• Exfoliate regularly, but gently. Exfoliation helps to stimulate cell turnover and remove dulling dead skin cells. I prefer enzyme and acid peels because they provide the most complete exfoliation, as well as cellular regeneration and hydration.

I can make a million recommendations to help you get the best skin of your life. But everything boils down to whether you’re taking care of it, not how expensive your moisturizer is. What goes inside is as important as what goes on the outside, so make sure you take care of your skin from the inside out if you want to maintain your skin for life.

 

 

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Are You Missing Out?

anti agin skin careSomeone asked me a great question today. She was concerned that treating her rosacea was getting in the way of treating her fine lines and wrinkles. When I tell people to target their concerns, I mean that you need to address what you’d like to change about your skin, but what I really mean is that you need to treat what is actually happening with your skin.

First, let’s take a broad view of how the skin ages. It’s more complicated than skin care companies make it seem. We’ll keep it simple for this purpose. Skin cells divide in the base layer and rise to the surface, flattening and essentially dying as they go. We exfoliate the top layers off, which sends a message to the bottom layers to divide more often. As we age, the DNA of these cells starts to become damaged, and the skin cells replicate the damaged DNA. The key to anti-aging comes in when we look at the reasons why the DNA becomes damaged in the first the place. And the answer to this question is inflammation.

Inflammation is one of those words that we hear all the time. Famous doctors like Dr. Perricone, Dr. Weil, and Dr. Oz talk about it all the time. But it’s a word that gets thrown around so much that most of us don’t think about it much more. Something claims to be anti-inflammatory, and it sounds great. If inflammation is bad, obviously anti-inflammatories are good. But if we think about it for a second, just in relation to the skin, inflammation prevents the cells from replicating the way they are supposed to. Take this one step further, and we see that long-term, inflammation can lead to lots of damaged DNA replicating itself over and over. Chronic, systemic inflammation is the root of almost all aging.

My theory is always that taking care of your skin the way it needs to be taken care of is always the best anti-aging. Skin issues such as rosacea, eczema, and acne are all the result of inflammation. So if inflammation causes aging, reducing inflammation is itself anti-aging. Maintaining skin health is the best way to prevent wrinkles because you allow the skin to heal and protect itself.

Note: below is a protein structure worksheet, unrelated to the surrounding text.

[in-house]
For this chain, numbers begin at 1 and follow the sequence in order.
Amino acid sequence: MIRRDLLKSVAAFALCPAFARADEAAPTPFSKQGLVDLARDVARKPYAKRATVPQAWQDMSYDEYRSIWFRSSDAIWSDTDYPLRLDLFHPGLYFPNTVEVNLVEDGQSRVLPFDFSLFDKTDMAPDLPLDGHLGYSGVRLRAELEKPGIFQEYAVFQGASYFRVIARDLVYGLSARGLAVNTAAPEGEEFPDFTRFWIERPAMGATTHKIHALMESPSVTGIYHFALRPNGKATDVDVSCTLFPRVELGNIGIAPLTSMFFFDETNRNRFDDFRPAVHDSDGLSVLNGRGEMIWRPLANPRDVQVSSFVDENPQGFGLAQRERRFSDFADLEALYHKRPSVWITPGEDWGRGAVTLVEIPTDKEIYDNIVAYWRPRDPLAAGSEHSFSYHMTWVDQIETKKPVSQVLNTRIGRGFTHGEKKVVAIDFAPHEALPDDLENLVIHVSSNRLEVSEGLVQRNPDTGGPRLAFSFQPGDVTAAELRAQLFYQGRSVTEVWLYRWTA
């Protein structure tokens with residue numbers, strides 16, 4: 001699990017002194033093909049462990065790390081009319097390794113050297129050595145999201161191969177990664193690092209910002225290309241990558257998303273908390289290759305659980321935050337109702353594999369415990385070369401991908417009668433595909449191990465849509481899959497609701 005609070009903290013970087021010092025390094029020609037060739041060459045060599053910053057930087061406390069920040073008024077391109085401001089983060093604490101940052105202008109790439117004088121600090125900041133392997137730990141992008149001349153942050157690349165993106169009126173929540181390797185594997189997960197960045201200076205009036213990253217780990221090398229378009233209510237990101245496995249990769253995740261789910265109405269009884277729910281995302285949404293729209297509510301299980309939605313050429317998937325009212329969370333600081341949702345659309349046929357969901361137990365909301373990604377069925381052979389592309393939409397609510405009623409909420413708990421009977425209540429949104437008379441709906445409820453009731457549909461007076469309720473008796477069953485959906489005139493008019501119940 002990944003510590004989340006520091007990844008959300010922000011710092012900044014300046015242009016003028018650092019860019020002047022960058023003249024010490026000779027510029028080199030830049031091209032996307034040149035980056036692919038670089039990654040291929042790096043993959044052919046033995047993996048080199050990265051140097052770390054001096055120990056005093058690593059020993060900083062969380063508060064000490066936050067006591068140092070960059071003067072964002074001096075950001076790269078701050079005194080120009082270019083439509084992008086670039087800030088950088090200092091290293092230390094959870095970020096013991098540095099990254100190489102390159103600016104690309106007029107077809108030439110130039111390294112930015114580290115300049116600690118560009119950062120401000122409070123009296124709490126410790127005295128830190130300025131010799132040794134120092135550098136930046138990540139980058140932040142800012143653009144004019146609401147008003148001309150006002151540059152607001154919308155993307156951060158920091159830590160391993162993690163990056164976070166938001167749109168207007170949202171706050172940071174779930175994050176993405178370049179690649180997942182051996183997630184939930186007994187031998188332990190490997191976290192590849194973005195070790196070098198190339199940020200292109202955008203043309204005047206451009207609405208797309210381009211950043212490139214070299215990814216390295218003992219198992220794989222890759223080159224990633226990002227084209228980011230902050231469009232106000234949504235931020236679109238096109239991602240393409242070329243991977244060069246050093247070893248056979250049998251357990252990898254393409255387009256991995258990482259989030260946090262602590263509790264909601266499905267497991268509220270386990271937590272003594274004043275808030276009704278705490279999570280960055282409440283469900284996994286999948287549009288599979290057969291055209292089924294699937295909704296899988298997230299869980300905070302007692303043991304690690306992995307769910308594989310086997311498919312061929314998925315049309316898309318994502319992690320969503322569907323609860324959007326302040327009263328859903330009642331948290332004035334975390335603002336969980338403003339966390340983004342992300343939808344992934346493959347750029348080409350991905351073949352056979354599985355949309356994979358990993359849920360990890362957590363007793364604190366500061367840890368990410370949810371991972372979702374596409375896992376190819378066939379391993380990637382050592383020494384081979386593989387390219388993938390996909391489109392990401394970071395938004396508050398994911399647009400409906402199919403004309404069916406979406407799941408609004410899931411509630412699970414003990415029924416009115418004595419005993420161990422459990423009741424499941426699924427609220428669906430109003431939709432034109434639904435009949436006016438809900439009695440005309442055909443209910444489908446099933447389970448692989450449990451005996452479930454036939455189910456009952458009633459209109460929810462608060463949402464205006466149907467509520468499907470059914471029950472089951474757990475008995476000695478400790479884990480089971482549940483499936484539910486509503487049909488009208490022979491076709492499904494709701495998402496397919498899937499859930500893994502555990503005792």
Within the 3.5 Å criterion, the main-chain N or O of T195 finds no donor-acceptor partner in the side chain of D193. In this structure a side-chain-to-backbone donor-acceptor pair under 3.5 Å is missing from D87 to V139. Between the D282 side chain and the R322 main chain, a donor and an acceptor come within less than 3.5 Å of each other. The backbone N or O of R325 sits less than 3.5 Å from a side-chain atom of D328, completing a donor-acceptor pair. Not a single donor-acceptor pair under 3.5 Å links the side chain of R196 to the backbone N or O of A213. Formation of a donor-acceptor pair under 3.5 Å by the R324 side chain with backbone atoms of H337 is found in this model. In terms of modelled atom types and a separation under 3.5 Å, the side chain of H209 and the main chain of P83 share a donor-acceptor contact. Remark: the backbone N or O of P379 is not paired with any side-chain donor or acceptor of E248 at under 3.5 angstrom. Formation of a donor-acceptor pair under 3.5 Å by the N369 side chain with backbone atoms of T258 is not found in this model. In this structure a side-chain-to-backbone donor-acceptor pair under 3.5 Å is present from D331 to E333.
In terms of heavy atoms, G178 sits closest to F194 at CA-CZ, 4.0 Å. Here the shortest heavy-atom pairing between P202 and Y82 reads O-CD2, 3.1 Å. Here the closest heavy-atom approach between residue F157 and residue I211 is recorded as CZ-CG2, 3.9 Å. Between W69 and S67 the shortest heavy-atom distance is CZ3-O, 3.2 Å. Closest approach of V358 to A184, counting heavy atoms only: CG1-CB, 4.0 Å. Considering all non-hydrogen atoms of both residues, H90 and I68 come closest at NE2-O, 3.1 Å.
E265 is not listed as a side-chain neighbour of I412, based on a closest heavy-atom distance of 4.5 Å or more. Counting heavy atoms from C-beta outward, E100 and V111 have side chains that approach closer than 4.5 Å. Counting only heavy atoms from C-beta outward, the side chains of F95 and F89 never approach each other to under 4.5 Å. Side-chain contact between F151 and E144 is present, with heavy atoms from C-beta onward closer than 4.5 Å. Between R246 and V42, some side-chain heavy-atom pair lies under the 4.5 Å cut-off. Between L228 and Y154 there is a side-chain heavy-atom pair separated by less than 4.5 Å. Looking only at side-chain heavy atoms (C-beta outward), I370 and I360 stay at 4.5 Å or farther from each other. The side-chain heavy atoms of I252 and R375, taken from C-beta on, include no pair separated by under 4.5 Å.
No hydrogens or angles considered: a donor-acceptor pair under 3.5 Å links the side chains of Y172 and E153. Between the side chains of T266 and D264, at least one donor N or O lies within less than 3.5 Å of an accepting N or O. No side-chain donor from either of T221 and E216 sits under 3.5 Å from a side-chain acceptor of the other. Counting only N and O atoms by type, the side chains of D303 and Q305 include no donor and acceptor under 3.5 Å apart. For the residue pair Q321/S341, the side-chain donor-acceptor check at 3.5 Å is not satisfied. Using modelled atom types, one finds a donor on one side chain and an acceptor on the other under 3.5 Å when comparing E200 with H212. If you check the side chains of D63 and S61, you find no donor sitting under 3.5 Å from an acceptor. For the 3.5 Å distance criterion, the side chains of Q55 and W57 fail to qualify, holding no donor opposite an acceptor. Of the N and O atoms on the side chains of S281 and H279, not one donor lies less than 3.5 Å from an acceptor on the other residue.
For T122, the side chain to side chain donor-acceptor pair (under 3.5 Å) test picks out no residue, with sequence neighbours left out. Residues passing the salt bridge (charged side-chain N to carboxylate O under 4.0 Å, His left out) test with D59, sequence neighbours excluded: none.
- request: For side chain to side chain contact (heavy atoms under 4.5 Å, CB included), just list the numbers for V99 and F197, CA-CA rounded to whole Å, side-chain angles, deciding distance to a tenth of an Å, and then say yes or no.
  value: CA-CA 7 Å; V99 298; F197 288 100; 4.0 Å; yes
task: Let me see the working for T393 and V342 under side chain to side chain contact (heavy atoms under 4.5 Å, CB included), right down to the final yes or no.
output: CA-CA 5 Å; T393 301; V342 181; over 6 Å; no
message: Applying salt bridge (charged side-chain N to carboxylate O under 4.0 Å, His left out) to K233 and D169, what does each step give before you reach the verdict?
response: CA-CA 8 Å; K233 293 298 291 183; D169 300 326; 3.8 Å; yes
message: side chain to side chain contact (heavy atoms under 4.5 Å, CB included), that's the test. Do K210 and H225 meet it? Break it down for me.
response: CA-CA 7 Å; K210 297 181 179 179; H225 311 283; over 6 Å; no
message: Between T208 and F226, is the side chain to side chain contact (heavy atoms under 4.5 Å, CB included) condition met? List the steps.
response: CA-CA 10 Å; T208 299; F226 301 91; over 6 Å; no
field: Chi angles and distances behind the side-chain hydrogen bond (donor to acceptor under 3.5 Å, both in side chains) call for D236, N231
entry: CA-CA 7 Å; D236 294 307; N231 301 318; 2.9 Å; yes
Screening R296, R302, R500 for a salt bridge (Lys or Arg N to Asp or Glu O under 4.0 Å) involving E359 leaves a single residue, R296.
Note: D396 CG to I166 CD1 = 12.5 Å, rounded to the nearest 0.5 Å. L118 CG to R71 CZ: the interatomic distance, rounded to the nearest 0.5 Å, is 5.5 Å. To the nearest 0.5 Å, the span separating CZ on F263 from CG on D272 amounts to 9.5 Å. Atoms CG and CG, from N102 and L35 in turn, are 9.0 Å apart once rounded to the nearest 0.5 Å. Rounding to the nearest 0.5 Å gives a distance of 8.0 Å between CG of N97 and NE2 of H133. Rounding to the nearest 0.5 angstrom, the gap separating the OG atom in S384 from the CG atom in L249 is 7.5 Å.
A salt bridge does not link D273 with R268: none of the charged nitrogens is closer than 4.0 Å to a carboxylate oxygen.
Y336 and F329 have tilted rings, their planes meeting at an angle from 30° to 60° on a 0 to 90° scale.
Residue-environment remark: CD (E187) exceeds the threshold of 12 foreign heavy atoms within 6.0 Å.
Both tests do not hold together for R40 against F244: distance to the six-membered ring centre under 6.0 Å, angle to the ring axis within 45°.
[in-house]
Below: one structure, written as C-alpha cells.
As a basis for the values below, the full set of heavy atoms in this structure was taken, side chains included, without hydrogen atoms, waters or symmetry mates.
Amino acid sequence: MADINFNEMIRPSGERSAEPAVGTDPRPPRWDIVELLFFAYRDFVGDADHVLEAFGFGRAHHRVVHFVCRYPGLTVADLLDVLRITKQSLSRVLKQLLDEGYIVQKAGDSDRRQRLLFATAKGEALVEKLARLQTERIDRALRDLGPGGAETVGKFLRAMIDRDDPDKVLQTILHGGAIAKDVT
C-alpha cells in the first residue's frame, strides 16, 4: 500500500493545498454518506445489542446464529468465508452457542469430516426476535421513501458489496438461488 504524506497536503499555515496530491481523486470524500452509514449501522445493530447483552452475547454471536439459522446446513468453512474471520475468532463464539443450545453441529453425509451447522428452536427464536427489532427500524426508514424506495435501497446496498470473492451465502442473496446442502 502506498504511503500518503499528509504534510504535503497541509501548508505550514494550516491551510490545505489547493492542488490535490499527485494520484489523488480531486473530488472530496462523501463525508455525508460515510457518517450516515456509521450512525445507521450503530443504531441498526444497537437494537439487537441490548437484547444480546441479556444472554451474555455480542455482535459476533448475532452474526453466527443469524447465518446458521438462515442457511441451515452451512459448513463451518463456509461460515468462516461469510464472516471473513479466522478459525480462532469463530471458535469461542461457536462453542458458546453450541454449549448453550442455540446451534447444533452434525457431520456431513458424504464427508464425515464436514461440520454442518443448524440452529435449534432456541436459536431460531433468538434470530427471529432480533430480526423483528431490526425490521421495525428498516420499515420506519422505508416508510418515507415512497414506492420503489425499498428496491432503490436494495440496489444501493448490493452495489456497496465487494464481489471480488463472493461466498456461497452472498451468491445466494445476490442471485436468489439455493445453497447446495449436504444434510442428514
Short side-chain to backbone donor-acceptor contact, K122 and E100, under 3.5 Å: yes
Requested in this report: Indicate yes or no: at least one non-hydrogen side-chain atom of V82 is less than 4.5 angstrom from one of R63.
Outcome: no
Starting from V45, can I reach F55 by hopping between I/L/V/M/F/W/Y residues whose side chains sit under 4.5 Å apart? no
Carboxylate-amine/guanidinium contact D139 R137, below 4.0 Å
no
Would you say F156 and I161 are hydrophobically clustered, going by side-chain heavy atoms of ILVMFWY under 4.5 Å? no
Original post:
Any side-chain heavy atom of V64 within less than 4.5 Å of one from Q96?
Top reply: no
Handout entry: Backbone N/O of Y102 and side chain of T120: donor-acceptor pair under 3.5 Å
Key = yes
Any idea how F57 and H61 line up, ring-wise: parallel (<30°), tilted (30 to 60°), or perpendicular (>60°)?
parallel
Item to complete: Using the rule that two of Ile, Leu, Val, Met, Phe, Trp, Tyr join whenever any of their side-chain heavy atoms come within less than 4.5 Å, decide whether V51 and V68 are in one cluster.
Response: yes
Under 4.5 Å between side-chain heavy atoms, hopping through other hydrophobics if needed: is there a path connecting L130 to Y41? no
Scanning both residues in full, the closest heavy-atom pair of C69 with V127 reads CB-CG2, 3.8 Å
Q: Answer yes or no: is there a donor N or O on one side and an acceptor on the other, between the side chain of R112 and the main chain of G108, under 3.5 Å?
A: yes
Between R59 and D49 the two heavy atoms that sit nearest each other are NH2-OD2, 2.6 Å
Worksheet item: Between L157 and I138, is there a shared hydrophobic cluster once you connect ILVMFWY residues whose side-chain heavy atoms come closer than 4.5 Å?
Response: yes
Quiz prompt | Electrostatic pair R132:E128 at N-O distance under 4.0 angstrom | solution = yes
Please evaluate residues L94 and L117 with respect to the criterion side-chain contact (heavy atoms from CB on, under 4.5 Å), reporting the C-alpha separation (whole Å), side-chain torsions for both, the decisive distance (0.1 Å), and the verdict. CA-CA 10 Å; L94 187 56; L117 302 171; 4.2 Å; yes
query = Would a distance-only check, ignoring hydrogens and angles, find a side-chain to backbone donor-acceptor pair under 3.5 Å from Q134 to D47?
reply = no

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The Anti-Aging Myth

I feel like I’ve heard it all when it comes to anti-aging. It’s often my clients’ number one concern, even if they’re just 25. I’ve seen every manner of claim from skincare products and marketing companies. But, in my opinion, most anti-aging products miss the mark…and not because they make claims that may or may not be true.

There are many factors that contribute to a more “seasoned” appearance. In my mind, many of these concerns are often overlooked when people shop for an anti-aging product. If you don’t address all of the factors that make you look older than your age (or, maybe just not younger than your age), you will still look older!

Texture

The texture of your skin is the number one reason that people look older to my esthetic eye. It’s the first thing I notice when I assess a client’s skin. Does the texture appear rough? Uneven? The good news is that this is the easiest problem to fix! Look for an exfoliating mask with glycolic or lactic acid that you can use 2-3 times per week, or a serum with the same ingredients, but in a lower percentage that you can use daily. Another option, depending on the extent of the texture and other concerns, may be retinoic acid. Retin-A can only be prescribed by your dermatologist, so be sure to use it according to his or her direction. Retinol is a lower percentage of the same ingredient and can be found over-the-counter. Retinoic acid can often cause irritation, so be sure to minimize your usage if you experience redness, flaking, or sensitivity.

Pigmentation

Ah, the concern that is near and dear to my own heart! People often think my freckles are cute, but to me, they are merging together into large brown spots and muddling my complexion. Research has shown that people will guess that someone who has uneven color to their skin is older than someone who has more fine lines! With this tidbit of information, I feel that every single person of every single color should have some form of pigment control in their arsenal, starting the minute that you begin a skincare routine. This can come in the form of a vitamin C serum (look for ascorbic acid or tetrahexadecyl ascorbate- my favorite form) or in a botanical brightener (try ingredients like arbutin, mulberry extract, or bearberry extract, to name a few). If pigmentation is already a concern for you, use one of each!

Ruddiness

Ruddiness is diffuse redness that is always present. This is often a sign of advanced sun damage, and often comes coupled with pigmentation. Here, look for anti-inflammatory ingredients like vitamin C (yes, again), aloe, green or white tea, and azulene. Make sure that your routine is gentle, using enzyme peels instead of scrubs, which can aggravate redness.

The true secret to having better, younger looking skin is targeting your routine to address specific concerns. Anti-aging products cover a broad range of concerns, so try targeting your concern with a serum and hopefully you will see better results. Fine lines may not be your biggest worry!